Another strange anomaly of the time was the blackberry;  sporting a full mini keyboard, they were utterly horrid but wielded with pride by the young corporate thrusters who bore them.

I left TelstraClear to set up Icepick in 2006, a software development business focussing on mobile and geospatial applications.

The iPhone launched in 2006, and Android phones wer’nt that far behind.

With a touch screen and reasonable access to mobile data, the environment was right for geospatial apps.
GeOp was born, with native apps for IOS and Android, tied to a cloud-based hub, it allowed companies to manage work-forces in the field.
An administrator could see the location of workers on a map,  and allocate jobs to workers based on where they were, or would be depending on schedule.
On their phone or tablet, the worker could see the jobs, they were allocated, show the best route to get there, log time and parts to the jobs they were allocated, invoice the job and take payments on-site. 
Being involved in a Software as a Service business teaches you a lot about online marketing, target audience, and how to build a product that maximises conversion to purchase.
Cloud based software has a number of advantages, being available from anywhere, high uptime, the ability to have your customers access data in real time.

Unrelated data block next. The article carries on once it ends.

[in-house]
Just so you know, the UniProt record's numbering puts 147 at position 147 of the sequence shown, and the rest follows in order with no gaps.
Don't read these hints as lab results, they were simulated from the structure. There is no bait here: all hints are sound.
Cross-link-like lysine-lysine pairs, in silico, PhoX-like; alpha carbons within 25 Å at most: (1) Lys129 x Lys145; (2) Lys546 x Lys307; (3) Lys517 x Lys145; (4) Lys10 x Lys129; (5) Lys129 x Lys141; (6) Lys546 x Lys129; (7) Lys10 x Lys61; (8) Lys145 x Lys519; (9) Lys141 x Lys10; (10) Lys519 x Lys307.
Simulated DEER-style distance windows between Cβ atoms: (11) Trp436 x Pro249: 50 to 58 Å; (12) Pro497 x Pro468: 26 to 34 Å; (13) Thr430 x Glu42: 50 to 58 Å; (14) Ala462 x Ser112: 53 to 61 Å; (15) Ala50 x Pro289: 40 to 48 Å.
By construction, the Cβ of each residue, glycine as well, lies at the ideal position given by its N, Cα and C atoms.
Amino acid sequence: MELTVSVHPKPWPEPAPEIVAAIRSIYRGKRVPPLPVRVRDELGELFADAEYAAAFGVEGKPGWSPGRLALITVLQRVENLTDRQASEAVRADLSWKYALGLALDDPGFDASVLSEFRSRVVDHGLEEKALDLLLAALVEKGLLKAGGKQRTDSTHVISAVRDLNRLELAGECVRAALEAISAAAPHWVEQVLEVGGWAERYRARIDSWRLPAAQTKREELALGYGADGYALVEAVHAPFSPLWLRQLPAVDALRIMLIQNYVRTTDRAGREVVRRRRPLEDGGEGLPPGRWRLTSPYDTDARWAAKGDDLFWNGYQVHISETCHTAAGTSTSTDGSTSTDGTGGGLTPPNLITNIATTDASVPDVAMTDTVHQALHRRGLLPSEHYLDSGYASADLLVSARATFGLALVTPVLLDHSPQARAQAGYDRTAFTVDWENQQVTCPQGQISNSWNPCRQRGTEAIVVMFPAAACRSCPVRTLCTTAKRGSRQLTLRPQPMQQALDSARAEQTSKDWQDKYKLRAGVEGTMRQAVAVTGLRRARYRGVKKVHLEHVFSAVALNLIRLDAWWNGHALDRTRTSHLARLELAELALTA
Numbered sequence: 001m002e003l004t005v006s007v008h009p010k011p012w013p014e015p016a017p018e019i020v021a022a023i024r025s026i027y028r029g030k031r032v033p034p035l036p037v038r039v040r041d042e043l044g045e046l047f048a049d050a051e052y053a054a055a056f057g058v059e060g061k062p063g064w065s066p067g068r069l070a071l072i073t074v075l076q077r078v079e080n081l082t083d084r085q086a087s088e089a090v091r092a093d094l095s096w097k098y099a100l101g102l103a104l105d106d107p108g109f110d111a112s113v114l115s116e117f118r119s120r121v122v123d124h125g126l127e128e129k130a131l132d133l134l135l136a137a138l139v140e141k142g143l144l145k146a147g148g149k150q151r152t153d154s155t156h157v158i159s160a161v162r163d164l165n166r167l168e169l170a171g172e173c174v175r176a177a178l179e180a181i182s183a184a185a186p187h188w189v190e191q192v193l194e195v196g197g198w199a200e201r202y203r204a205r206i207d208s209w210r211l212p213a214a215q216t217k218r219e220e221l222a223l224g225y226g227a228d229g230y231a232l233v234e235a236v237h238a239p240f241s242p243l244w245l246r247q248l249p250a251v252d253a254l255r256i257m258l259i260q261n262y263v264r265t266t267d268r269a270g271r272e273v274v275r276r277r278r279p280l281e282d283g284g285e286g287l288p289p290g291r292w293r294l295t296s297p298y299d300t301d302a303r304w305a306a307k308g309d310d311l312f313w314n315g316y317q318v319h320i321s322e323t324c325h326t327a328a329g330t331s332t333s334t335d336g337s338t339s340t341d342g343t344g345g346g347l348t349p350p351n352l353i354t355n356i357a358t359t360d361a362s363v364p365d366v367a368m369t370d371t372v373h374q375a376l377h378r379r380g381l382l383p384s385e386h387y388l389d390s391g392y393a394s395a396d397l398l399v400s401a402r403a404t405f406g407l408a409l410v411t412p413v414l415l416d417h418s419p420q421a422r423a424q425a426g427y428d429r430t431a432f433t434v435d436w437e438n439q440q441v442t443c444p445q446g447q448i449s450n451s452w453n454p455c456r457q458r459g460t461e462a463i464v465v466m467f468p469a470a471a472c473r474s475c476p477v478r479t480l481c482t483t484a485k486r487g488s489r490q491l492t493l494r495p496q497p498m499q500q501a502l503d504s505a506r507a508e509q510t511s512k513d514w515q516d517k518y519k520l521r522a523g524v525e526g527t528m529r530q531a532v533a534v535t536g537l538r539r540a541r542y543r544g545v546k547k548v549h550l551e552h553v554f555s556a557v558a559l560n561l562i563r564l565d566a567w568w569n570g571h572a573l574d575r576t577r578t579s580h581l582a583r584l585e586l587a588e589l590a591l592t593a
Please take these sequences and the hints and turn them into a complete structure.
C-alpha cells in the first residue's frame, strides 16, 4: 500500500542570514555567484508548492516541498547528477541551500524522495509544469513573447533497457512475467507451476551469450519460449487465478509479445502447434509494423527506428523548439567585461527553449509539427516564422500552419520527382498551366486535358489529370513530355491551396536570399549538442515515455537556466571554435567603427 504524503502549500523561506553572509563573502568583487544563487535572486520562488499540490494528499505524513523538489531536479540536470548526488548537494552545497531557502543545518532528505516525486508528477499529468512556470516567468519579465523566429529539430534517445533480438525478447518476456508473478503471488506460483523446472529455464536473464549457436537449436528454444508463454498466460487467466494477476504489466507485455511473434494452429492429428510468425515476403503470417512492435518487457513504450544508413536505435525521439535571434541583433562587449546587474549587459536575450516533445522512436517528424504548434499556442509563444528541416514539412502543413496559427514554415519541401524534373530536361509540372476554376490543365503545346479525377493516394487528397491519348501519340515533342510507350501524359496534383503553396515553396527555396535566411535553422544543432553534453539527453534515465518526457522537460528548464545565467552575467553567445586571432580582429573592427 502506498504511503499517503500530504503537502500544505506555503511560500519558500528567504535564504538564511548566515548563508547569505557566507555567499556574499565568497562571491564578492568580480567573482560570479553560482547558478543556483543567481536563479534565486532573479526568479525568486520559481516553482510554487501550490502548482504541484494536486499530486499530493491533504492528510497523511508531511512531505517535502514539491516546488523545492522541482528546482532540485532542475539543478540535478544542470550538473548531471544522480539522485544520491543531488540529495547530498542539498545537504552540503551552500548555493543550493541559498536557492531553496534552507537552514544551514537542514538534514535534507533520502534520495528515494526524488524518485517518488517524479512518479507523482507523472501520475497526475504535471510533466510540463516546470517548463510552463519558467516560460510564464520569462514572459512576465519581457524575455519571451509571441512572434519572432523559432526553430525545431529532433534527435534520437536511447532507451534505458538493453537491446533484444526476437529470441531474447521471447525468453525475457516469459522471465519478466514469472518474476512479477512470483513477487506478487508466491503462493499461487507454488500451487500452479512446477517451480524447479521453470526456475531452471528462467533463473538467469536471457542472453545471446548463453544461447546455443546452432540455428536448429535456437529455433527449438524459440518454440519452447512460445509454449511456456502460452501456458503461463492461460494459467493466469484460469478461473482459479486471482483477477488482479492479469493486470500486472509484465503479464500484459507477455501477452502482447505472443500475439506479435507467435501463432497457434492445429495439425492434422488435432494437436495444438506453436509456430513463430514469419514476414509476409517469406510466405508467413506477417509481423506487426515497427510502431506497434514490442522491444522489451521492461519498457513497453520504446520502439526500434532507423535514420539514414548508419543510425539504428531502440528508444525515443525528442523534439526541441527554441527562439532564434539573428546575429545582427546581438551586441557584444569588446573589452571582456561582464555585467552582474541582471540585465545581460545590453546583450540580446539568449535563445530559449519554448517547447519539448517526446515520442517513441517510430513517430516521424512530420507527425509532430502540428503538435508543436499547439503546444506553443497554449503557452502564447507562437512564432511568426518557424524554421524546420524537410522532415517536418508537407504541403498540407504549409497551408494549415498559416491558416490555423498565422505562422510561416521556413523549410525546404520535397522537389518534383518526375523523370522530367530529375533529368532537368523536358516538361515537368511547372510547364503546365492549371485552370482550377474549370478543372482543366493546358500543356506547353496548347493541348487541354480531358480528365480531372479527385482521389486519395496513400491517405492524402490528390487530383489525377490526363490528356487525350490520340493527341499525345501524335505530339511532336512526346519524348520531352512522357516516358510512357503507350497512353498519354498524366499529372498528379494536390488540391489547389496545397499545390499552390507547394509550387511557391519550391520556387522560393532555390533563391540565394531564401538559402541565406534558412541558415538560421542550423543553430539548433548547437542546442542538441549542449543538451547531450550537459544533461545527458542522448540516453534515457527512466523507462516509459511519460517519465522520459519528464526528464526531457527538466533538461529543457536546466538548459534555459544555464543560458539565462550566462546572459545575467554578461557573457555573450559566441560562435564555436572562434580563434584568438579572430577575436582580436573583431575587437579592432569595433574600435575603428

One of the best things is that it makes integrating a suite of different applications using their APIs (Application Programming Interface) to automate the interactions. Connecting your online shop to your cloud-based accounting software, for example.
Another great thing with a web-based business system is the real-time nature of reporting, giving you a dashboard of the key things you need to know. Being able to see instantly who your most profitable client is, or this month’s top-selling product without having to mess around with spreadsheets is a massive benefit, and I’ve always enjoyed the reporting and data visualisation side of building business software.
After leaving Geo, the next project was a cloud-based system for short term commercial space letting. You’d log in to the cloud-based system as an administrator, a venue owner, or a space renter. Sort of airbnb for retail. It managed the whole process of booking, approval, payments and reporting, with integration to Google and XERO online accounting.
Today I’m getting very interested in the role geospatial software can play in conservation, from citizen science to tracking pest species, to mitigating climate change.